Apple's clever tax strategy

2012-04-29 13:21

New York - Gadget giant Apple is avoiding billions of dollars in taxes by setting up small offices around the world to collect and invest the company's profits, The New York Times reported on Saturday.

The report said an office in Reno, Nevada, where the corporate tax rate is zero, was one of many that the California-based technology giant uses to legally sidestep state income taxes on some of its gains.

California's corporate tax rate is 8.84%.

Record sales of iPhones and iPad tablet computers, particularly in China and other parts of Asia, saw Google report last week that it made a $39.2 billion profit in the quarter ended March 31.

The Times quoted Apple executives who said the Reno office and others in Ireland, the Netherlands, Luxembourg, the British Virgin Islands and other low-tax places were among the legal methods the company was using to reduce its global tax bill.

The newspaper said Apple had "devised corporate strategies that take advantage of gaps in the tax code," citing former executives who had helped craft those policies.

In Reno, Apple uses a subsidiary named Braeburn Capital to manage and invest the gadget company's money, the report said, and when those investments succeed, the Nevada address shields the profits from being subjected to tax.

Former executive Robert Hatta, who oversaw Apple's iTunes retail marketing and sales for European markets until 2007, said routing transactions through Luxembourg allowed them to be taxed at low rates.

"We set up in Luxembourg because of the favourable taxes," Hatta told the Times.

"Downloads are different from tractors or steel because there's nothing you can touch, so it doesn't matter if your computer is in France or England. If you're buying from Luxembourg, it's a relationship with Luxembourg."

In a statement to the Times, Apple said it "has conducted all of its business with the highest of ethical standards, complying with applicable laws and accounting rules."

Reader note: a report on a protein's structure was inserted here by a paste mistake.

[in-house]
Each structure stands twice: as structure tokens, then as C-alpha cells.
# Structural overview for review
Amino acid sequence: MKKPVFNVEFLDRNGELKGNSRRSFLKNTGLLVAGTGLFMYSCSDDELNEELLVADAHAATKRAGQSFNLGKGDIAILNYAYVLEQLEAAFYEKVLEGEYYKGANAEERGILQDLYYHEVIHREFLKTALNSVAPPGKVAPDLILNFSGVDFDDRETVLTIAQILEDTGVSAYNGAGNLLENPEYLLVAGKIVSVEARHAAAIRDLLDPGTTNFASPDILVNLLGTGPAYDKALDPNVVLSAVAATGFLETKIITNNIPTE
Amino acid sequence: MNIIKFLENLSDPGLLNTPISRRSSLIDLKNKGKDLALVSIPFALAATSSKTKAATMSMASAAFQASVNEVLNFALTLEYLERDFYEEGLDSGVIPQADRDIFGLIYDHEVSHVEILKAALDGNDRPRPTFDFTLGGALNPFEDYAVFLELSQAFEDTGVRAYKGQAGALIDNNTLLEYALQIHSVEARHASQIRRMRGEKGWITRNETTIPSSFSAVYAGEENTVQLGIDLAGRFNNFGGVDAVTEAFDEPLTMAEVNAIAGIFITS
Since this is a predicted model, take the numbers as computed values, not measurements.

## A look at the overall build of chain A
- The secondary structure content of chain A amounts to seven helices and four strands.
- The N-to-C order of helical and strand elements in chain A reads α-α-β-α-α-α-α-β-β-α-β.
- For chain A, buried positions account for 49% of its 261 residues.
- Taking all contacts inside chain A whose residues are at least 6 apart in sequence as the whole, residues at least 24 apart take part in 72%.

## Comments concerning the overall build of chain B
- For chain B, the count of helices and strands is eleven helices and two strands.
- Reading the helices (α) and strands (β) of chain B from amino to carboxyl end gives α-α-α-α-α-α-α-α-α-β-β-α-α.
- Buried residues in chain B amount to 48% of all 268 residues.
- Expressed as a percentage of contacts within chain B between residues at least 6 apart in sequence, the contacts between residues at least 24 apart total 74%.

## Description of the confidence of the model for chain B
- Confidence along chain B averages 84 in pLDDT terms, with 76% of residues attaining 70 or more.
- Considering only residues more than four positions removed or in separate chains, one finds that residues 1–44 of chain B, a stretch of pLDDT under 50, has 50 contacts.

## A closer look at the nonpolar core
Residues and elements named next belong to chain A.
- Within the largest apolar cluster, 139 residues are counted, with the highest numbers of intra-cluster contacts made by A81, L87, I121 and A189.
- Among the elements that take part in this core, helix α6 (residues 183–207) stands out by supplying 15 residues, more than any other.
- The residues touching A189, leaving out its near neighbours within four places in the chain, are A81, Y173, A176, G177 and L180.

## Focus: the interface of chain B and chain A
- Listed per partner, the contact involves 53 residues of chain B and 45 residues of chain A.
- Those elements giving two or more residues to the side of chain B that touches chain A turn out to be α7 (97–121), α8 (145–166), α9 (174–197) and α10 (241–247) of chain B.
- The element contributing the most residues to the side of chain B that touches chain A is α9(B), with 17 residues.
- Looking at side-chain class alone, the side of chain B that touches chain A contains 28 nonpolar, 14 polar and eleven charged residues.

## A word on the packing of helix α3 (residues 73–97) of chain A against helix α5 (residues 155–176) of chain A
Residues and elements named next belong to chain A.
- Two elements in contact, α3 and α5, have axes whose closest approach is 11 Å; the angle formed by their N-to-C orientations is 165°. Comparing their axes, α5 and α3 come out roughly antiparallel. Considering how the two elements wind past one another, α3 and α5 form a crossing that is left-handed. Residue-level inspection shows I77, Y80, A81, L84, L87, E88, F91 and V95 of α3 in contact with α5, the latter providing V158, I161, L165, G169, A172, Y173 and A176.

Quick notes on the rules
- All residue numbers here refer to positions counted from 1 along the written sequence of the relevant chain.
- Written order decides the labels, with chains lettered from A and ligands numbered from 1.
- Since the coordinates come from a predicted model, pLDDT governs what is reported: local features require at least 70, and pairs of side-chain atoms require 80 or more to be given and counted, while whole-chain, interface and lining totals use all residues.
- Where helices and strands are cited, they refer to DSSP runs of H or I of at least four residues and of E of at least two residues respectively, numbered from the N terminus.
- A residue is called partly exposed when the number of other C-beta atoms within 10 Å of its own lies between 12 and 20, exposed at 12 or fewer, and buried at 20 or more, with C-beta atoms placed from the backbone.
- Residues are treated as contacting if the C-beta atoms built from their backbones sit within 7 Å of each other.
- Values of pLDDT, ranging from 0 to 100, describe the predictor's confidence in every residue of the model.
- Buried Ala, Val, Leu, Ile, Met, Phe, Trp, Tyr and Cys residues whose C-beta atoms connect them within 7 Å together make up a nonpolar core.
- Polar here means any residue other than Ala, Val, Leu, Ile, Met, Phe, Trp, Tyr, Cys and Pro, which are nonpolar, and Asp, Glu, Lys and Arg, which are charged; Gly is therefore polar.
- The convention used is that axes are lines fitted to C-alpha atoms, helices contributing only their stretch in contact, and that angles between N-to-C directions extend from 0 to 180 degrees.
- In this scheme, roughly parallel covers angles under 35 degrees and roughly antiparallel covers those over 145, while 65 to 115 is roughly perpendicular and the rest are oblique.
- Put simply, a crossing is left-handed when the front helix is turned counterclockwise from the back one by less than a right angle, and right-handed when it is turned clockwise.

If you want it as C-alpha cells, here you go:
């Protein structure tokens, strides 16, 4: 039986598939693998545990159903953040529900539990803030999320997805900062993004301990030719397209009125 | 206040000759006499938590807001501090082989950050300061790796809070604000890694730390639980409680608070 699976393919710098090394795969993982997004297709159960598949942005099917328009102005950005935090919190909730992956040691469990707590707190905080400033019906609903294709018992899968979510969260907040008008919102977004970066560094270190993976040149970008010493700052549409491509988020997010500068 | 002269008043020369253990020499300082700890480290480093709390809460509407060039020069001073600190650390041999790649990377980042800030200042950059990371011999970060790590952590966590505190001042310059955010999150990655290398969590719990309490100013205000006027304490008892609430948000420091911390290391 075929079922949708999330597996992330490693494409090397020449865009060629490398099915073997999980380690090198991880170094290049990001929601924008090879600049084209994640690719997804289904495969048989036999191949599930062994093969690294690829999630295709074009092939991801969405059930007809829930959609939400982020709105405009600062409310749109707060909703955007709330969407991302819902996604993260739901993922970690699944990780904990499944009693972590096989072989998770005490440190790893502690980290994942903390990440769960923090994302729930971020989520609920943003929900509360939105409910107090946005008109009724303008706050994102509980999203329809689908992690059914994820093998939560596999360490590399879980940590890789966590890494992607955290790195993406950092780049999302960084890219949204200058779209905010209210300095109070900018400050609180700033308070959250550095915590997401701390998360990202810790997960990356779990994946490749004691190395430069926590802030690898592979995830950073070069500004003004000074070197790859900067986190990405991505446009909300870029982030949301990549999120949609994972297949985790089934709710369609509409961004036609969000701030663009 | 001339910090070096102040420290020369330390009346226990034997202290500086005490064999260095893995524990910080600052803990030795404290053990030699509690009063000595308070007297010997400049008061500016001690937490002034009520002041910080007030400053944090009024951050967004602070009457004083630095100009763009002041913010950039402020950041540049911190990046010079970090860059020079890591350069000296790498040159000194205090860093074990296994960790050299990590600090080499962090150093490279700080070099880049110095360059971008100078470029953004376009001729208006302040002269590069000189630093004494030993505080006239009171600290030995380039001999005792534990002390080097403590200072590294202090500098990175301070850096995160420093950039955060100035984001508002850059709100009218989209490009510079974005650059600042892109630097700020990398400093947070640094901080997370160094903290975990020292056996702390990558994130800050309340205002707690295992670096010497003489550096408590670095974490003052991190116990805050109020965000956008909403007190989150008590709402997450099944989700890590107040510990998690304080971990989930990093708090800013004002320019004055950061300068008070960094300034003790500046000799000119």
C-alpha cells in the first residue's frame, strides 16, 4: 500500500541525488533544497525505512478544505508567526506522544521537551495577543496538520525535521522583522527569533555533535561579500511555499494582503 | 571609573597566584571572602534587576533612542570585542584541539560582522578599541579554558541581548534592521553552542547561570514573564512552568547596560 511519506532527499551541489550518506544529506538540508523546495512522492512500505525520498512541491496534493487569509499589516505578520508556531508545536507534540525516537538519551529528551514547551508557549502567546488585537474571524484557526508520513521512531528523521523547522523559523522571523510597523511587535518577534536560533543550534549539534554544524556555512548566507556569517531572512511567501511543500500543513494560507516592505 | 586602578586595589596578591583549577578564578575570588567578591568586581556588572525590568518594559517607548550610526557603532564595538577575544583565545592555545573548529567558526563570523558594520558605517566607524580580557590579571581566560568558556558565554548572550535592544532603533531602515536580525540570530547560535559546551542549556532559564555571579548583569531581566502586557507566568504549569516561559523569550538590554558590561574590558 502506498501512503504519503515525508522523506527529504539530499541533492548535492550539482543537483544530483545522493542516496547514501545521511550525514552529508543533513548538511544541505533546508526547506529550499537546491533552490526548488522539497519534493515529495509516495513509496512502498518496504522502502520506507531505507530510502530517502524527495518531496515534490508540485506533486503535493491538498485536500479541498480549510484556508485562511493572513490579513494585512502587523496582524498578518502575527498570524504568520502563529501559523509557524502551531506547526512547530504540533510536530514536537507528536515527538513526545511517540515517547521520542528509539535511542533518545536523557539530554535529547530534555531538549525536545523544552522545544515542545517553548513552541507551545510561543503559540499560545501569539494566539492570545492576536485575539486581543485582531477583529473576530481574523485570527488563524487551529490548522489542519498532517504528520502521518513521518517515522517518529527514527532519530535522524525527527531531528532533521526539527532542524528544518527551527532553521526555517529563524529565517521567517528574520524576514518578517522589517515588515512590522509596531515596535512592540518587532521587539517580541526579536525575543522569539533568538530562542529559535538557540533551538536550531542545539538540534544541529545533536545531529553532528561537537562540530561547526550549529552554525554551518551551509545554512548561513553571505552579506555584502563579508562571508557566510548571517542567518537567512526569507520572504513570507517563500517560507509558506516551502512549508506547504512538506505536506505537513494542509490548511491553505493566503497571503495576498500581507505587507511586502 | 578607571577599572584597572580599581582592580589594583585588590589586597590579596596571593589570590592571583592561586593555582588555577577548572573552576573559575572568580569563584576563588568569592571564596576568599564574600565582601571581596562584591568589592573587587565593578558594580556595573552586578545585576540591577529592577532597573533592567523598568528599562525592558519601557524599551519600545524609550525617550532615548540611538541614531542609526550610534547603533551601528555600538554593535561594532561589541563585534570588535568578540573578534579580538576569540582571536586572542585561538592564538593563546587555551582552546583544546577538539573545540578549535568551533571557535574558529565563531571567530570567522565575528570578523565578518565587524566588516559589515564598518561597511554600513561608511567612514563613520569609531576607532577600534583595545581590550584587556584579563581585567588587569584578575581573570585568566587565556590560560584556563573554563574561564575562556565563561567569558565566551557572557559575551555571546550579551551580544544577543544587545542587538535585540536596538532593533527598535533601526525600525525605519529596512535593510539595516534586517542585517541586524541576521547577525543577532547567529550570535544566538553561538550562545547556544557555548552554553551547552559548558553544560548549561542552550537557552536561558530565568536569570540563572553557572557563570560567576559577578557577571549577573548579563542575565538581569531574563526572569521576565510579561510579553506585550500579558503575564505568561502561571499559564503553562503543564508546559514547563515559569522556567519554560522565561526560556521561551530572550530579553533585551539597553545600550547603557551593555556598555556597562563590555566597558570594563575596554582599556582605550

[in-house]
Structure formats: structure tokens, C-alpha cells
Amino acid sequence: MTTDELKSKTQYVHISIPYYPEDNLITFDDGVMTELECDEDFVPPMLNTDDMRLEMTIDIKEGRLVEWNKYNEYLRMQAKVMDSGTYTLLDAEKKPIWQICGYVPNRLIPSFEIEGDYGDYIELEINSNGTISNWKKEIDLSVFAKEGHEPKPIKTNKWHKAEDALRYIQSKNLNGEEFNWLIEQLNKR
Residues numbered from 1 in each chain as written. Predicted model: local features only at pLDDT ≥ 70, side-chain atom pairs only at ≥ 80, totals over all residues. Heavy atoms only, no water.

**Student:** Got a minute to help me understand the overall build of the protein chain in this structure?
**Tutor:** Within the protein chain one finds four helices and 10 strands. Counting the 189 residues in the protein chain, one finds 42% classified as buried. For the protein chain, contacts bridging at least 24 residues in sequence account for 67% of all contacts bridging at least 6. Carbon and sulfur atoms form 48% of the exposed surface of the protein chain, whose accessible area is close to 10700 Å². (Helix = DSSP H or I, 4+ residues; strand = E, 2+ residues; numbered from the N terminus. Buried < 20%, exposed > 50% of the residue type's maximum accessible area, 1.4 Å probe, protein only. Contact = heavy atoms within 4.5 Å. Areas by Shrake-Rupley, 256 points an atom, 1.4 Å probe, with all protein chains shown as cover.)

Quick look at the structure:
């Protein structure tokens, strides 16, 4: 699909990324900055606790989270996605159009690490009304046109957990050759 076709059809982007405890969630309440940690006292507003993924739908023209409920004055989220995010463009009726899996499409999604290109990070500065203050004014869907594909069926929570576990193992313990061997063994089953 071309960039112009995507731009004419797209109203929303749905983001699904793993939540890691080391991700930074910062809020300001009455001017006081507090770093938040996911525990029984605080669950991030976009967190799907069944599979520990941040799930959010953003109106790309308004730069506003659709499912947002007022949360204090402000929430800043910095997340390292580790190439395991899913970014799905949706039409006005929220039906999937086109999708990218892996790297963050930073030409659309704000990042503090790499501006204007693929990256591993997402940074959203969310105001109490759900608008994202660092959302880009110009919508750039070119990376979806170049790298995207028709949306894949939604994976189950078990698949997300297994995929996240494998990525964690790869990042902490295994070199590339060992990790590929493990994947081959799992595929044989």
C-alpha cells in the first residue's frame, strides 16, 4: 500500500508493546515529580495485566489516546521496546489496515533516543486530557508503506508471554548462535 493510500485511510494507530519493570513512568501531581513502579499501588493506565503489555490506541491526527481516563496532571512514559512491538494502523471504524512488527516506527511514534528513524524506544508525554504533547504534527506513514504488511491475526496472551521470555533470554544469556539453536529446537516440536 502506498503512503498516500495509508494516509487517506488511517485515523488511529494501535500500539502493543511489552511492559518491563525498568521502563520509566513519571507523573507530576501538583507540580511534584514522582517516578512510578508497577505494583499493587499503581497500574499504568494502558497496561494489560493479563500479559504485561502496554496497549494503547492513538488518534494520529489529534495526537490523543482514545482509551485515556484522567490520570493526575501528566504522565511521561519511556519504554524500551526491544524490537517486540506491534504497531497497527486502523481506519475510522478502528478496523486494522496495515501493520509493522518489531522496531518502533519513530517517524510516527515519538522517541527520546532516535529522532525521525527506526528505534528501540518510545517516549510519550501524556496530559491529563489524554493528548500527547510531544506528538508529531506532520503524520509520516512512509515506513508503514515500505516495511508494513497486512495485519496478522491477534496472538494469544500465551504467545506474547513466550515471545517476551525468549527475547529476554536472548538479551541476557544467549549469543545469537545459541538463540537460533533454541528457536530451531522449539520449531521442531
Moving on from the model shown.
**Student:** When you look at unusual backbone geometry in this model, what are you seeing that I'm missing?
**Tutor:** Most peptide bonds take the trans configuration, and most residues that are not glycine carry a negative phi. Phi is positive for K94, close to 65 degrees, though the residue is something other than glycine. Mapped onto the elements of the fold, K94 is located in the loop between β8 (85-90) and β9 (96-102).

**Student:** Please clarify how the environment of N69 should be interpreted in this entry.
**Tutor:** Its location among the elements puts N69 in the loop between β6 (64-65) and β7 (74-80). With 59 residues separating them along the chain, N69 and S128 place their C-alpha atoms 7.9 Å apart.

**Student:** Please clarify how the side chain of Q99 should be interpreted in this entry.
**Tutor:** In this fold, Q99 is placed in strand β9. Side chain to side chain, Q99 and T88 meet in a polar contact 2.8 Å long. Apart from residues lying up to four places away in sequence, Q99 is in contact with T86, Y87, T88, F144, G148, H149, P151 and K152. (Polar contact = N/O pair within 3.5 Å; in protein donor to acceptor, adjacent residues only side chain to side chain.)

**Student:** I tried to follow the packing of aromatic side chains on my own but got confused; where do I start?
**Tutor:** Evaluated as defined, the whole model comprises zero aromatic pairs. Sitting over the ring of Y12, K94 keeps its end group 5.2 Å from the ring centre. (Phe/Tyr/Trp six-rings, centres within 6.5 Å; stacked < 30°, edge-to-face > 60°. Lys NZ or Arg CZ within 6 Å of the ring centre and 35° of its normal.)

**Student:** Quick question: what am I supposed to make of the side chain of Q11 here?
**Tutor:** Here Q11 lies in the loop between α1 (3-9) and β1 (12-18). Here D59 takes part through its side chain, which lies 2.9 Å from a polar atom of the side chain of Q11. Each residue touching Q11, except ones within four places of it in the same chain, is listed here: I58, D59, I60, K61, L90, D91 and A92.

"We are incredibly proud of all of Apple's contributions," it said, noting that the company "pays an enormous amount of taxes, which help our local, state and federal governments."

  • kafantaris2 - 2012-04-29 16:16

    Greed feeds on greed, but those steeped in it are too self-absorbed to take such notice. The states, therefore, should impose a minimum corporate tax against companies like Apple that have gotten too clever for our own good. If Apple does business in the United States, then it should pay a minimum state tax to be shared by all the state where it actually does business. And if Nevada does not want the tax, it should be shared by the states that do. Either way, the company pays an overall state minimum tax. This should discourage the bogus operation centers now set up in places like Reno. And if Apple decides to pack up and go altogether to Ireland or the Netherlands, the states should deem such move to be an effort to skirt state tax laws -- with stiff penalties ready to be imposed. A corporate minimum tax is not a new idea in federal taxation. The states should find a way to implement it as well. Waiting for the free market to fix the problem is not only naive, but also foolish.

  • Tony Lapson - 2012-04-29 18:17

    They have made so much money from their criminally overpriced products, and they have somehow created an army of apple fans at the same time. Some of them would be offended by this comment and might feel the urge to sling the usual insults my way.

  • william.ramwell - 2012-04-29 23:45

    And since Jobs came back, and then died, exactly how much has Apple given as part of its corporate social investment programme? Zilch. How much did Jobs give to charity - unlike his fellow billionaire contemporaries. No one knows, but probably zilch.

  • Preshen - 2012-04-30 09:50

    Report them to SARS

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